The infamous Bacon case involved an alleged murder for hire, in which former Quartzsite Mayor Rex Byrd allegedly hired Bobby Bacon to kill former Quartzsite Mayor Richard Oldham. John Churchill represented Byrd and Mike Burke represented Bacon. Law enforcement caught wind of the murder plot through an informant. Officers staged the death of Oldham, with Oldham participating as himself in a photo in which he appeared to have been killed. Bacon took a plea deal and pled guilty to Attempted First Degree Murder, receiving a sentence of 12.5 years. He was released from prison in 2006. Byrd went to trial and was originally convicted, but his request for a new trial was granted by the court and then County Attorney Steve Suskin decided not to retry him.

In 2001, the first Superior Court Judge in La Paz County history, Hon. Michael Irwin, retired from the bench. Due to their legal skills, and courtroom experience, the choice to replace Irwin came down to Mike Burke and Matthew G. Newman. Then Governor Jane Dee Hull decided on Burke for the appointment. (Ironically, Newman would later go on to be appointed La Paz County Superior Court Judge in 2017 by Governor Doug Ducey.)

Burke served as Superior Court Judge from 2001 to 2012 and retired in 2012 because the Arizona Constitution mandates Superior Court Judges retire at age 70.

Burke does not hesitate when stating the case that stands out the most during his time as Superior Court Judge.

“The Yakima case was the highest profile case during my time as Superior Court Judge and through all of the litigation that took place, every decision that I made was affirmed,” he told Parker Live.

In 2003, La Paz County sued Yakima Compost Company for breach of contract, and in 2004 Yakima counterclaimed against La Paz County. In 2007, a La Paz County jury found in favor of Yakima on their counterclaim and awarded Yakima $9.2 million. The county appealed, and with accruing interest the judgment against the county reached approximately $14 million when it was all said and done. To this day, many La Paz County residents still talk about how consequential the Yakima case was.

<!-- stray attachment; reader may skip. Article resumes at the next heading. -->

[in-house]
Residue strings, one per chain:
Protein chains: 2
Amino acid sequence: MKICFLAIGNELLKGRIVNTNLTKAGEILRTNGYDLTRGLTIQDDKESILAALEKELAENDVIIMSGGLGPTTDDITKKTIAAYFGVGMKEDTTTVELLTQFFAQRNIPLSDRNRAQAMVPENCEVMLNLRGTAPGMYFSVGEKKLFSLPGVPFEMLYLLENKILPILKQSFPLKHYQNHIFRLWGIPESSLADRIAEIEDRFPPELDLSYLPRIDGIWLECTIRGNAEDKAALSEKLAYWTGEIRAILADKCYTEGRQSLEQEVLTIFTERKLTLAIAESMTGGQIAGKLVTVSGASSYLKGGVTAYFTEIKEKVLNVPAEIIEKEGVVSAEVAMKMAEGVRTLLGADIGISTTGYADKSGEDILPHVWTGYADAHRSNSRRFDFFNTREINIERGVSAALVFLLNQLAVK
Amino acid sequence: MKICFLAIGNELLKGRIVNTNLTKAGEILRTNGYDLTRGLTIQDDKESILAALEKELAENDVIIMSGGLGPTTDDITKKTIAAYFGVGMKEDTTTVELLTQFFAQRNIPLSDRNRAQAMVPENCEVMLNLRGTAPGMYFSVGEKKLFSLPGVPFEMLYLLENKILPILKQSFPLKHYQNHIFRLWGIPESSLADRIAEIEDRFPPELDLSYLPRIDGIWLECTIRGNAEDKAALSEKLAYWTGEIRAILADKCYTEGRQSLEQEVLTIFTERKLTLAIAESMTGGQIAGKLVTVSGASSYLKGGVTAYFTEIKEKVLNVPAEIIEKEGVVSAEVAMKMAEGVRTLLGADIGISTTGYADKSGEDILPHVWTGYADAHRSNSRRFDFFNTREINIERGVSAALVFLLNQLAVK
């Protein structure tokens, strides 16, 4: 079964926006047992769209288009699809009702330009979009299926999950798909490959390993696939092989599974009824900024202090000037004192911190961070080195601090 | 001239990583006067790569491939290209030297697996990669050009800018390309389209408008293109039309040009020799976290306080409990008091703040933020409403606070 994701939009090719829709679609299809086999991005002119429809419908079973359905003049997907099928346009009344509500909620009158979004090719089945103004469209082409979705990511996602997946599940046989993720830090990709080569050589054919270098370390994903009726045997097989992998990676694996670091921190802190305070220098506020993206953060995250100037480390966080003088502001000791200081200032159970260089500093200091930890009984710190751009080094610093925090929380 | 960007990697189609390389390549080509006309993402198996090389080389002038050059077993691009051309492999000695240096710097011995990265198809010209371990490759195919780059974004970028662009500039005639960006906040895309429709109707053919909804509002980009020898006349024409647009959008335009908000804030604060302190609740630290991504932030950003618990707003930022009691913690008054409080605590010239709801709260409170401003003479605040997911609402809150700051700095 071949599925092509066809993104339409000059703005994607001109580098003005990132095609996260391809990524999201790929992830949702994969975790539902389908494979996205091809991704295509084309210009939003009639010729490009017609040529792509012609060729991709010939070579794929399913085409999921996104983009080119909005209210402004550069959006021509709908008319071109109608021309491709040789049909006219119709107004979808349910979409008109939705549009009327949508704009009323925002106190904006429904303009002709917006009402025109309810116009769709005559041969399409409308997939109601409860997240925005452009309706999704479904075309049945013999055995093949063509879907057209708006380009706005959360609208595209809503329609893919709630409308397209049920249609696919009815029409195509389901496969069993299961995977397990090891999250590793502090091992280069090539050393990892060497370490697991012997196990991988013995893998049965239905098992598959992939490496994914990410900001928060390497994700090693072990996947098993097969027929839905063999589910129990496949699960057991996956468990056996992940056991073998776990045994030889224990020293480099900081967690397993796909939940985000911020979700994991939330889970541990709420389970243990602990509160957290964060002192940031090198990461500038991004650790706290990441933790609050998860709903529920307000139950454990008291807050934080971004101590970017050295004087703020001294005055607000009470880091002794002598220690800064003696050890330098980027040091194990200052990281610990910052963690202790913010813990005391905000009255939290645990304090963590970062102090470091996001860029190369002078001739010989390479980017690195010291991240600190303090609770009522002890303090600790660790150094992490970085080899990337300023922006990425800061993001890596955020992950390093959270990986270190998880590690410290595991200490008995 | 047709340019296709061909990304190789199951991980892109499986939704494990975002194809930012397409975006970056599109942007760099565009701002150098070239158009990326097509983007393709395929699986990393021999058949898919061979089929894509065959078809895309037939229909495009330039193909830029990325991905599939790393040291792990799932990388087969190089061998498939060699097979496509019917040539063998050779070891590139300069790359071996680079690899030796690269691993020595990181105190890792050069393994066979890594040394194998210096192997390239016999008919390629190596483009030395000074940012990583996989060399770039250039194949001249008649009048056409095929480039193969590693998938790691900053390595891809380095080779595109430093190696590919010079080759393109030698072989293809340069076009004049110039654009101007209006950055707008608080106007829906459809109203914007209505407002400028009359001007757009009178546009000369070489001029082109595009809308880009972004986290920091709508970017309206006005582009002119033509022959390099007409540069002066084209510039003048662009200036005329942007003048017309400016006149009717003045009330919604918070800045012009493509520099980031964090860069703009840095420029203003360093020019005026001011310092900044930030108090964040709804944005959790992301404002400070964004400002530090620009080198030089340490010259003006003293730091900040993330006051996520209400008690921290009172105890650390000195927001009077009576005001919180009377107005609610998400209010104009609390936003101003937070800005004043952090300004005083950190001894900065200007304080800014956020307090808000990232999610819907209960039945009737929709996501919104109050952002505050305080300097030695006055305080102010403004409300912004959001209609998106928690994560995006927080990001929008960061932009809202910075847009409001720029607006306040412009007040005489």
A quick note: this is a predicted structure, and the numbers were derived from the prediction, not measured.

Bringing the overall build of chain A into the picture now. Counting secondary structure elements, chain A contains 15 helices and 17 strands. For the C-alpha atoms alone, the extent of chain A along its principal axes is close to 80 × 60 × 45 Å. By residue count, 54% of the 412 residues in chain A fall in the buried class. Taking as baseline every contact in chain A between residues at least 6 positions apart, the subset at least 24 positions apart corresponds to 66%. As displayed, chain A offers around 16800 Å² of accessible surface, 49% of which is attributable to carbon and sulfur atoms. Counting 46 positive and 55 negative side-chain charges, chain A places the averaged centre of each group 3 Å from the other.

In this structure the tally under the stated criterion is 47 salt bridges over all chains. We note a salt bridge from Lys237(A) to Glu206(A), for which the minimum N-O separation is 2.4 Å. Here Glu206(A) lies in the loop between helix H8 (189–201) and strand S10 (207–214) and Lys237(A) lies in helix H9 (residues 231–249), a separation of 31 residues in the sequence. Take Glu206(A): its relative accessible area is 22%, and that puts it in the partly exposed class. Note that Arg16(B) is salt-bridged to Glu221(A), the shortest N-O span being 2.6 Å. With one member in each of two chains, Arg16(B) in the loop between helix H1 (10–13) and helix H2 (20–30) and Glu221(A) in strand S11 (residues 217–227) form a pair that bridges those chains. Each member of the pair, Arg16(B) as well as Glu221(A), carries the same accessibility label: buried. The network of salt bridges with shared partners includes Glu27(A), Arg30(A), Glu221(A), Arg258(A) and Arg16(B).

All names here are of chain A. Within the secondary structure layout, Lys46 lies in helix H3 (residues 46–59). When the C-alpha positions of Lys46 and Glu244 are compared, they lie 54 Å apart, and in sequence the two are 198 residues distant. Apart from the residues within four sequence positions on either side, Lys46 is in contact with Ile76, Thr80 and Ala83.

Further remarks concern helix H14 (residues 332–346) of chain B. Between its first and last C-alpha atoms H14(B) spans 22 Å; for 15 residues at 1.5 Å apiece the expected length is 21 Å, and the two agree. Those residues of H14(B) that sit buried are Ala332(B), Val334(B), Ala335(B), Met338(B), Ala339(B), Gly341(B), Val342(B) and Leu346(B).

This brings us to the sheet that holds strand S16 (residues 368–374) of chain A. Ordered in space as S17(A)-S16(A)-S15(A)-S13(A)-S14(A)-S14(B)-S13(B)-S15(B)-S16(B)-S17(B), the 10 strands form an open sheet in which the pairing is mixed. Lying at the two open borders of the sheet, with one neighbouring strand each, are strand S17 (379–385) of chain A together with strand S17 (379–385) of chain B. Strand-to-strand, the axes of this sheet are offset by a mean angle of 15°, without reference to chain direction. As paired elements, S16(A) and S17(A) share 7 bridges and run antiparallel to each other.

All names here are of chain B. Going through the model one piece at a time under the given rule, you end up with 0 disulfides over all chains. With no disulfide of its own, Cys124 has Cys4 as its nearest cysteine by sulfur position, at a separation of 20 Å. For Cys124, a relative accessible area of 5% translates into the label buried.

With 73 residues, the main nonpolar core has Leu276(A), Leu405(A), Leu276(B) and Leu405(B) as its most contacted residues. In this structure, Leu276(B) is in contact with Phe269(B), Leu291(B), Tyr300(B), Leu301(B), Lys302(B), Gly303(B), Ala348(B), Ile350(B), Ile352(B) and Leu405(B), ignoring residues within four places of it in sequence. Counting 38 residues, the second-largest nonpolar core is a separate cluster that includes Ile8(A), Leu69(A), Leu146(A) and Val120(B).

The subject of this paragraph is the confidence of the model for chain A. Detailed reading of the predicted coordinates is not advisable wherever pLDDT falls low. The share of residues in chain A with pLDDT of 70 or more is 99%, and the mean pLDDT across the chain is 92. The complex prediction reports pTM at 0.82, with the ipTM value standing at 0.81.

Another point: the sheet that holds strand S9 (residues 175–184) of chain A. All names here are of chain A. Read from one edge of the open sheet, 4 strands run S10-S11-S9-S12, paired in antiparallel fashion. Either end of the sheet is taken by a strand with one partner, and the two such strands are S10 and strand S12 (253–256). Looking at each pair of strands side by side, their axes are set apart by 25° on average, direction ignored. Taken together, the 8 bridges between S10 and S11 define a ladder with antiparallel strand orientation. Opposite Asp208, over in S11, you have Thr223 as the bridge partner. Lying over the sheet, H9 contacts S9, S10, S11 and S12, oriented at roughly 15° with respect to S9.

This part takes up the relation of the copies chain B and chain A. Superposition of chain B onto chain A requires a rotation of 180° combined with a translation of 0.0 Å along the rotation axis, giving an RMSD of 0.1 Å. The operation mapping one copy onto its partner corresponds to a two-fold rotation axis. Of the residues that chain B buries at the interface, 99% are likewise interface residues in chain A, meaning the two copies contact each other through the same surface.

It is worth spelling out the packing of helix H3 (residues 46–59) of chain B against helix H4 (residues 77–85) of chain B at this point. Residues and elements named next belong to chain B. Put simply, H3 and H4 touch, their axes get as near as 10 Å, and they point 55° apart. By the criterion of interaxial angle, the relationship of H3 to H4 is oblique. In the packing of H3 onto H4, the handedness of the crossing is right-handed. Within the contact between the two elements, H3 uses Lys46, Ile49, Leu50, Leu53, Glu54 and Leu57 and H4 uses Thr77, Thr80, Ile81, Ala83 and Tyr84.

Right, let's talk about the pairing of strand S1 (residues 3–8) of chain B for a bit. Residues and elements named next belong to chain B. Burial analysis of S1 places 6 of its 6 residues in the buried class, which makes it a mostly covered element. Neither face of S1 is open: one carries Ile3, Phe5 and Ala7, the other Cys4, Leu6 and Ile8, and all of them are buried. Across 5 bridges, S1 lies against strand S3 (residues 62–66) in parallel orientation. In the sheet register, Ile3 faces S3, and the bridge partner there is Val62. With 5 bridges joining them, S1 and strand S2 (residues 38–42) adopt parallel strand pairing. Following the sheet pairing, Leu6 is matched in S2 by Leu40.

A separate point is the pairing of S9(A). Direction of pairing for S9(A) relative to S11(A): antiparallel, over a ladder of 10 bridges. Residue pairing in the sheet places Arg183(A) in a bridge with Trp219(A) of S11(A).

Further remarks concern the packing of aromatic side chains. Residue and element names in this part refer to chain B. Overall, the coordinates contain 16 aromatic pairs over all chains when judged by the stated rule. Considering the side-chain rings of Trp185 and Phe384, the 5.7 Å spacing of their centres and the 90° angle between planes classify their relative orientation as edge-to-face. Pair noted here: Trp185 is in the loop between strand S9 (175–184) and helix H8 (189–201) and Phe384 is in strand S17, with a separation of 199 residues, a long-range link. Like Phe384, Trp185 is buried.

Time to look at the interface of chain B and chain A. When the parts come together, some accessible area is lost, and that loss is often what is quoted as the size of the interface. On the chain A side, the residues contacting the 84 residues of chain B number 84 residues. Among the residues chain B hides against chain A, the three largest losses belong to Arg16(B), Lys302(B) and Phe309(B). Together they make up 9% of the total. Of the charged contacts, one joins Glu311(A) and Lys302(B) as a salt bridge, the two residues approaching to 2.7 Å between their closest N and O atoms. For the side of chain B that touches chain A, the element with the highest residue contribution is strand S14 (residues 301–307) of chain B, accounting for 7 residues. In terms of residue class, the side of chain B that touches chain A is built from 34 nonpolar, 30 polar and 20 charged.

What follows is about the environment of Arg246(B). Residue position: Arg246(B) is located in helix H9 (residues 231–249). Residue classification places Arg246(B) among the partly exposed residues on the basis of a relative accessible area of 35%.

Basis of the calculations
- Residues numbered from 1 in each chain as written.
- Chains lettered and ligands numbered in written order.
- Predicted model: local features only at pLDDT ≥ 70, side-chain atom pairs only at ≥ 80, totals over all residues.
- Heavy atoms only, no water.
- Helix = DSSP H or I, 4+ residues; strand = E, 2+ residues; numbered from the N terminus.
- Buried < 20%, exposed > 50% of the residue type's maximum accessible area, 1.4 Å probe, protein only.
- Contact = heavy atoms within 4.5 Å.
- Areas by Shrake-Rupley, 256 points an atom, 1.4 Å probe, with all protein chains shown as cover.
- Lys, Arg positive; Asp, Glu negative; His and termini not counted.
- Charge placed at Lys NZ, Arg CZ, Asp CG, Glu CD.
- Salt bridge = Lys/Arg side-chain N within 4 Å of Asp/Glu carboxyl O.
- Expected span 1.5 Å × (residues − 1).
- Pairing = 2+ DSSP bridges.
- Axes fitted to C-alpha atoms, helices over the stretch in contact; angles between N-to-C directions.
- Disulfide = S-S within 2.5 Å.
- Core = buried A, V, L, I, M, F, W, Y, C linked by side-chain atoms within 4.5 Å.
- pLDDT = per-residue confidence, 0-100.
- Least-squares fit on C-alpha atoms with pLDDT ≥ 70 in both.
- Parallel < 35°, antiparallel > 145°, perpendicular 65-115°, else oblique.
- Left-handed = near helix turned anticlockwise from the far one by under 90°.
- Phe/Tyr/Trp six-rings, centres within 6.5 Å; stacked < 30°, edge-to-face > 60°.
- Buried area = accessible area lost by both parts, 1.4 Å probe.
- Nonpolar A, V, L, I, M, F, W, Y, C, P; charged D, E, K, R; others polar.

The biggest change Burke has seen over the years is the increase in the volume of cases being filed. “When I started here in 1989 there were less then 200 felony cases charged in a year,” he said, “but now, there can be as many as 600 felony cases or more filed in a year. There was a time when there would be 1 to 5 dependency cases filed in a year and now there are 15 or more.”

In addition, Burke said attorneys do not speak with each other enough anymore to resolve cases like they used to.

“Most of the time they just use email and never really speak to each other or meet with each other,” he said. “Cases get resolved more often when the lawyers speak with each other.” He went on to say, “When I was a Public Defender, I would bring a whole stack of files with me to the prosecutor’s office and meet with the prosecutor to discuss the cases and it worked well.”

Burke said he has really enjoyed retirement. “I am staying very active in retirement and I am having a great time.”

Burke, who is fluent in Spanish, divides his time between his homes in Parker and in Jalisco, Mexico. He also builds and flies model airplanes. When in Parker, Burke still participates in the Parker Rotary Club and he has continued to be the Chairperson of the Desert Dash each February, an event in which participants run, walk or bike on Cienega Springs Road, finishing at the Nellie E. Saloon (Desert Bar). The premier event attracts participants from far and wide.

Parker Live wishes Mike Burke continued enjoyment in his retirement.